August 22, 2013
Fact Sheet on Bear Baiting
Hiding in a tree or behind a blind, hunters lie in wait. They are waiting for the bears to take the bait—usually a large pile of food or a 55-gallon drum stuffed with food like rotting pastries and pizza. Bears can feed at this free trough for days before taking a bullet, while others, deemed unworthy of hanging in someone's trophy room, can dine on this unnatural diet for the entire bear-hunting season.
Having learned to find food where humans have been, they may become "problem bears" who wander into back yards and upend garbage cans looking for an easy meal.
Hunters claim that the fundamental principle of hunting is "fair chase," but there is nothing fair about bear baiting. In fact, there is not even a chase. An animal is lured to an area and shot while she is eating. The federal government bans the baiting of migratory birds because it's unfair. Most states ban the baiting of deer and elk and other big game for the same reason. There's no logical reason to allow such an unfair practice to persist in bear hunting.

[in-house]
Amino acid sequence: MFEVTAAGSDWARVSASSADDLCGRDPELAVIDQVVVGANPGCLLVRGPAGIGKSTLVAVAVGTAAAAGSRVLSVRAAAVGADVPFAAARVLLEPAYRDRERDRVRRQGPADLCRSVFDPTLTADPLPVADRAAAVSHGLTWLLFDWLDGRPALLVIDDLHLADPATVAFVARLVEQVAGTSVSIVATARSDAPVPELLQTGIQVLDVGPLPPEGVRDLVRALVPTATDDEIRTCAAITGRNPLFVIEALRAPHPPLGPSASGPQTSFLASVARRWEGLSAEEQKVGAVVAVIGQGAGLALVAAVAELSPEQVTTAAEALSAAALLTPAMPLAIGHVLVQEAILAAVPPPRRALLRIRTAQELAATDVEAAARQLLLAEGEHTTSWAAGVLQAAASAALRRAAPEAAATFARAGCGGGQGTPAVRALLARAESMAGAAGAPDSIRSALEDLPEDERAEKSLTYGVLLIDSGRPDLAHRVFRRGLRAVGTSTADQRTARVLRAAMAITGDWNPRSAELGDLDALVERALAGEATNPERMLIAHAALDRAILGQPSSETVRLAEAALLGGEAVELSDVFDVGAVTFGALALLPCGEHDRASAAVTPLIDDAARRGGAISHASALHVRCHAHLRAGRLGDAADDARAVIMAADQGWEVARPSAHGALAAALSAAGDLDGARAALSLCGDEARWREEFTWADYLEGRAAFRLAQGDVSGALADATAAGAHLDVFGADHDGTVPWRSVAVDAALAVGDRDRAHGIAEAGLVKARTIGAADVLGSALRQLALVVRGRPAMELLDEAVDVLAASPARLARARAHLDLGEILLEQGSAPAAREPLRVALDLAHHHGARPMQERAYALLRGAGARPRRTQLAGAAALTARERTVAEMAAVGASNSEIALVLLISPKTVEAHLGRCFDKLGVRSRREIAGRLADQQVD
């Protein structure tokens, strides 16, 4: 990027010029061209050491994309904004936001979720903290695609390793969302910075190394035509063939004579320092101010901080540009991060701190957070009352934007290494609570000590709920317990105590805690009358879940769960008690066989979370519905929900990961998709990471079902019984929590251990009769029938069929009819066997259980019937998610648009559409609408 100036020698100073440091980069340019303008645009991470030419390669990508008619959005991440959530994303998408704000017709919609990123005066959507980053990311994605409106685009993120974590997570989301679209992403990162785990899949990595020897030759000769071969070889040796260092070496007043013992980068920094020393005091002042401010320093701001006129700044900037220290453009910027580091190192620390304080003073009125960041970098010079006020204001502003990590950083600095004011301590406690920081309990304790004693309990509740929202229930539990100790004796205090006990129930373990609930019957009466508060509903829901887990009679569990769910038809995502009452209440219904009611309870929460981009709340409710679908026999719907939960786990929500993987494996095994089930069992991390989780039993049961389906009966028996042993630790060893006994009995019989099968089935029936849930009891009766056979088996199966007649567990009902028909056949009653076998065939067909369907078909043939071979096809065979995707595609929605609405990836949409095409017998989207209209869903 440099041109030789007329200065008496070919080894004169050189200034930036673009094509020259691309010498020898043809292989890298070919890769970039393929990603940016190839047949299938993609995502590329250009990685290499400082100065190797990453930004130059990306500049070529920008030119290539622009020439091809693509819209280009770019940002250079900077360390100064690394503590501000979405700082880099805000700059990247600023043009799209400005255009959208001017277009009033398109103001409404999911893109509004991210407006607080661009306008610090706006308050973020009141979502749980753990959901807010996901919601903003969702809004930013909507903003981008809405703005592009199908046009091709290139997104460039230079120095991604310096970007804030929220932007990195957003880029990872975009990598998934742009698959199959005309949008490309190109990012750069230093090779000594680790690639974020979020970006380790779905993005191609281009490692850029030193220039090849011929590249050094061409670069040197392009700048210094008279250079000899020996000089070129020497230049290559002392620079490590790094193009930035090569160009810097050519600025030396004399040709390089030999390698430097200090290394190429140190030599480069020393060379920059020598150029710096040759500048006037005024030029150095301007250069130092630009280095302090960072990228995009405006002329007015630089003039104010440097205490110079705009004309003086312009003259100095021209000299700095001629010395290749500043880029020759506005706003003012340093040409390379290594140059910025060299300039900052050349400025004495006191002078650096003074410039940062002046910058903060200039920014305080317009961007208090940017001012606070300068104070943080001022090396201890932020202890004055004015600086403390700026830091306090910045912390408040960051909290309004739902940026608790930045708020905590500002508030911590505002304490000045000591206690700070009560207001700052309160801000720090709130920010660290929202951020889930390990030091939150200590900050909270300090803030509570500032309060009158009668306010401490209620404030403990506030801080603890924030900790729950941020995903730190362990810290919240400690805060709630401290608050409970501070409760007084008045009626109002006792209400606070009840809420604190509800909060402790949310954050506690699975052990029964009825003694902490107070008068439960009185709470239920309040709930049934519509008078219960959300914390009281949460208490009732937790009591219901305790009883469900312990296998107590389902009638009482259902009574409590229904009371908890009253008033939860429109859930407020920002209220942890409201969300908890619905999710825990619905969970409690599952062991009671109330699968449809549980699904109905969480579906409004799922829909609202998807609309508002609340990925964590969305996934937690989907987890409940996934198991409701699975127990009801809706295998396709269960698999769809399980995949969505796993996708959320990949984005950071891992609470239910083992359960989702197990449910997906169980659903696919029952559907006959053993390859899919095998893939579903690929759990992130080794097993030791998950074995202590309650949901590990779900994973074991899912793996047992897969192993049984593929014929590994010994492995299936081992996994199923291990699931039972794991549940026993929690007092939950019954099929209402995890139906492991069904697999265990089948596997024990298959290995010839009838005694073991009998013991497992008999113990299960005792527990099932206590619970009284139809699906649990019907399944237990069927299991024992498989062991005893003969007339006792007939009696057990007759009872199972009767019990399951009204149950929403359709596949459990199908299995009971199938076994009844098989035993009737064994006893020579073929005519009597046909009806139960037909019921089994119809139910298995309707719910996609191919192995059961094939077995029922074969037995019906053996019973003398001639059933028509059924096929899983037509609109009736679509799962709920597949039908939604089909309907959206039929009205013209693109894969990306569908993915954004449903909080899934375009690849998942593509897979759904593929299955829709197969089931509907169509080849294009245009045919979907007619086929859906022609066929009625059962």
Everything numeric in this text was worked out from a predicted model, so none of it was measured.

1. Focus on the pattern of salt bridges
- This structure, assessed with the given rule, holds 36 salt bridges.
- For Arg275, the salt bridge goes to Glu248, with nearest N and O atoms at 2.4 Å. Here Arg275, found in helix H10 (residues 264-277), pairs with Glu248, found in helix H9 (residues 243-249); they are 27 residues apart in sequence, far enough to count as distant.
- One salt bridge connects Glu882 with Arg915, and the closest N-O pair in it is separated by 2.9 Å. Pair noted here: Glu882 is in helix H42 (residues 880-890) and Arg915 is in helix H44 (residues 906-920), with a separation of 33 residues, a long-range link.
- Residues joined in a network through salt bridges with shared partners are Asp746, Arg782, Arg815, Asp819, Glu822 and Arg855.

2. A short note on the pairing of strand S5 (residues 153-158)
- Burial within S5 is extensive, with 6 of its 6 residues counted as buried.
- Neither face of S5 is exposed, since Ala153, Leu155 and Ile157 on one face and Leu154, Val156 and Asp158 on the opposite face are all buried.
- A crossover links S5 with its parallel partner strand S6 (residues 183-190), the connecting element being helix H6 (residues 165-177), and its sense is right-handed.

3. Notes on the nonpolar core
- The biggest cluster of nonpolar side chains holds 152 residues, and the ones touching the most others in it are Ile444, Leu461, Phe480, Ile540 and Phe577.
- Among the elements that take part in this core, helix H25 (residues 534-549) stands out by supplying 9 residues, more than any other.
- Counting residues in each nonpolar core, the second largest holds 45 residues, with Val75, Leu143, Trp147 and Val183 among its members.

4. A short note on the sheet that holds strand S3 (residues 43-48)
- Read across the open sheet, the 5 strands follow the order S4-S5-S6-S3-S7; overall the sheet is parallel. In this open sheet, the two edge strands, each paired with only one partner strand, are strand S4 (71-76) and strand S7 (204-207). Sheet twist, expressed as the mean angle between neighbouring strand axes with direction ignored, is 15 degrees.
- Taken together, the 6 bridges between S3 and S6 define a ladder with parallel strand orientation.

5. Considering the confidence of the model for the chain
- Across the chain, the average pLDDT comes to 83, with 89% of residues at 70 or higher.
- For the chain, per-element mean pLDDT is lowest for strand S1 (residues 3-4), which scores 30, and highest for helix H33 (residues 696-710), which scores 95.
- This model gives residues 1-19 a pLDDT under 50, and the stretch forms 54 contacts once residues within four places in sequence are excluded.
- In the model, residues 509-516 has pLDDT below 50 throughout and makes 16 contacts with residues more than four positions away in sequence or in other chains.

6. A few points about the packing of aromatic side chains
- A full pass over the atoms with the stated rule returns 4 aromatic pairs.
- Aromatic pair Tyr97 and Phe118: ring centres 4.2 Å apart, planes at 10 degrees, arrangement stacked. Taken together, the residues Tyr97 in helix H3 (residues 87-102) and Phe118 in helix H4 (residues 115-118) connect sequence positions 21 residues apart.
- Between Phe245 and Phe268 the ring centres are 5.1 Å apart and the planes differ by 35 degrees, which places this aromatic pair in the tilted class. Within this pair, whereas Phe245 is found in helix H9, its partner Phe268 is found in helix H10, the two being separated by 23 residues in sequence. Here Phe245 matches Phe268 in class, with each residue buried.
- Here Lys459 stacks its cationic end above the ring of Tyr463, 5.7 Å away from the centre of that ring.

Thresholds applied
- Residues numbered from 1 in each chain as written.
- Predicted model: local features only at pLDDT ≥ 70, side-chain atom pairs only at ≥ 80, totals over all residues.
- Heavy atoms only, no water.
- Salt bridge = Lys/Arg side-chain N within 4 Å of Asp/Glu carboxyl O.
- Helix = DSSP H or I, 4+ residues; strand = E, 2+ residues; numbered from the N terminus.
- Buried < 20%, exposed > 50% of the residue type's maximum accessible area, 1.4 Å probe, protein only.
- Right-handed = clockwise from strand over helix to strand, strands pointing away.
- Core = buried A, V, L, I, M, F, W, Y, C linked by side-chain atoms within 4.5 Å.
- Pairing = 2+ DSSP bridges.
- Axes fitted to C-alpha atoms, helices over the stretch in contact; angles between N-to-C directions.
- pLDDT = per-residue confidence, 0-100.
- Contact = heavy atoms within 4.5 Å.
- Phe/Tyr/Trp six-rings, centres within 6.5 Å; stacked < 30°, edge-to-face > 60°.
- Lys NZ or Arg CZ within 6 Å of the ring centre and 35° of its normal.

A fed bear is a dead bear
The U.S. Forest Service, the Bureau of Land Management, the U.S. Fish and Wildlife Service, the National Park Service, and most state wildlife agencies publish materials telling the public not to feed bears. The Forest Service, for instance, puts out materials that warn "A fed bear is a dead bear" and "Do Not Feed Bears!" Yet state agencies that allow baiting carve out special exemptions for hunters.
Tom Beck, a hunter and a bear biologist with the Colorado Division of Wildlife, opposes baiting.
"I firmly believe that baiting creates 'nuisance' bears," he says. "Black bears are naturally wary, instinctively avoiding close contact with humans. But a large amount of tasty food, easily obtained, defeats this wariness. By baiting, we create lazy bears who have been rewarded, not punished, for overcoming their fear of humans."
Legal status of bear baiting
Bear baiting is legal in only 12 states. The HSUS is part of a coalition known as Mainers for Fair Bear Hunting that is working to end bear baiting in Maine, along with bear trapping and hounding, by placing a citizen's initiative on the November 2014 ballot
What you can do
- Contact your state wildlife agency [PDF]. If bear baiting is legal in your state, express your outrage to state officials and to your governor.
- Write letters to the editor of newspapers in your state and contact the media to investigate.
- Submit an op-ed to your local newspaper.
- Attend state wildlife agency [PDF] meetings and demand that steps be taken to prohibit bear baiting.
- Contact your state legislators and ask them to introduce legislation to ban this practice.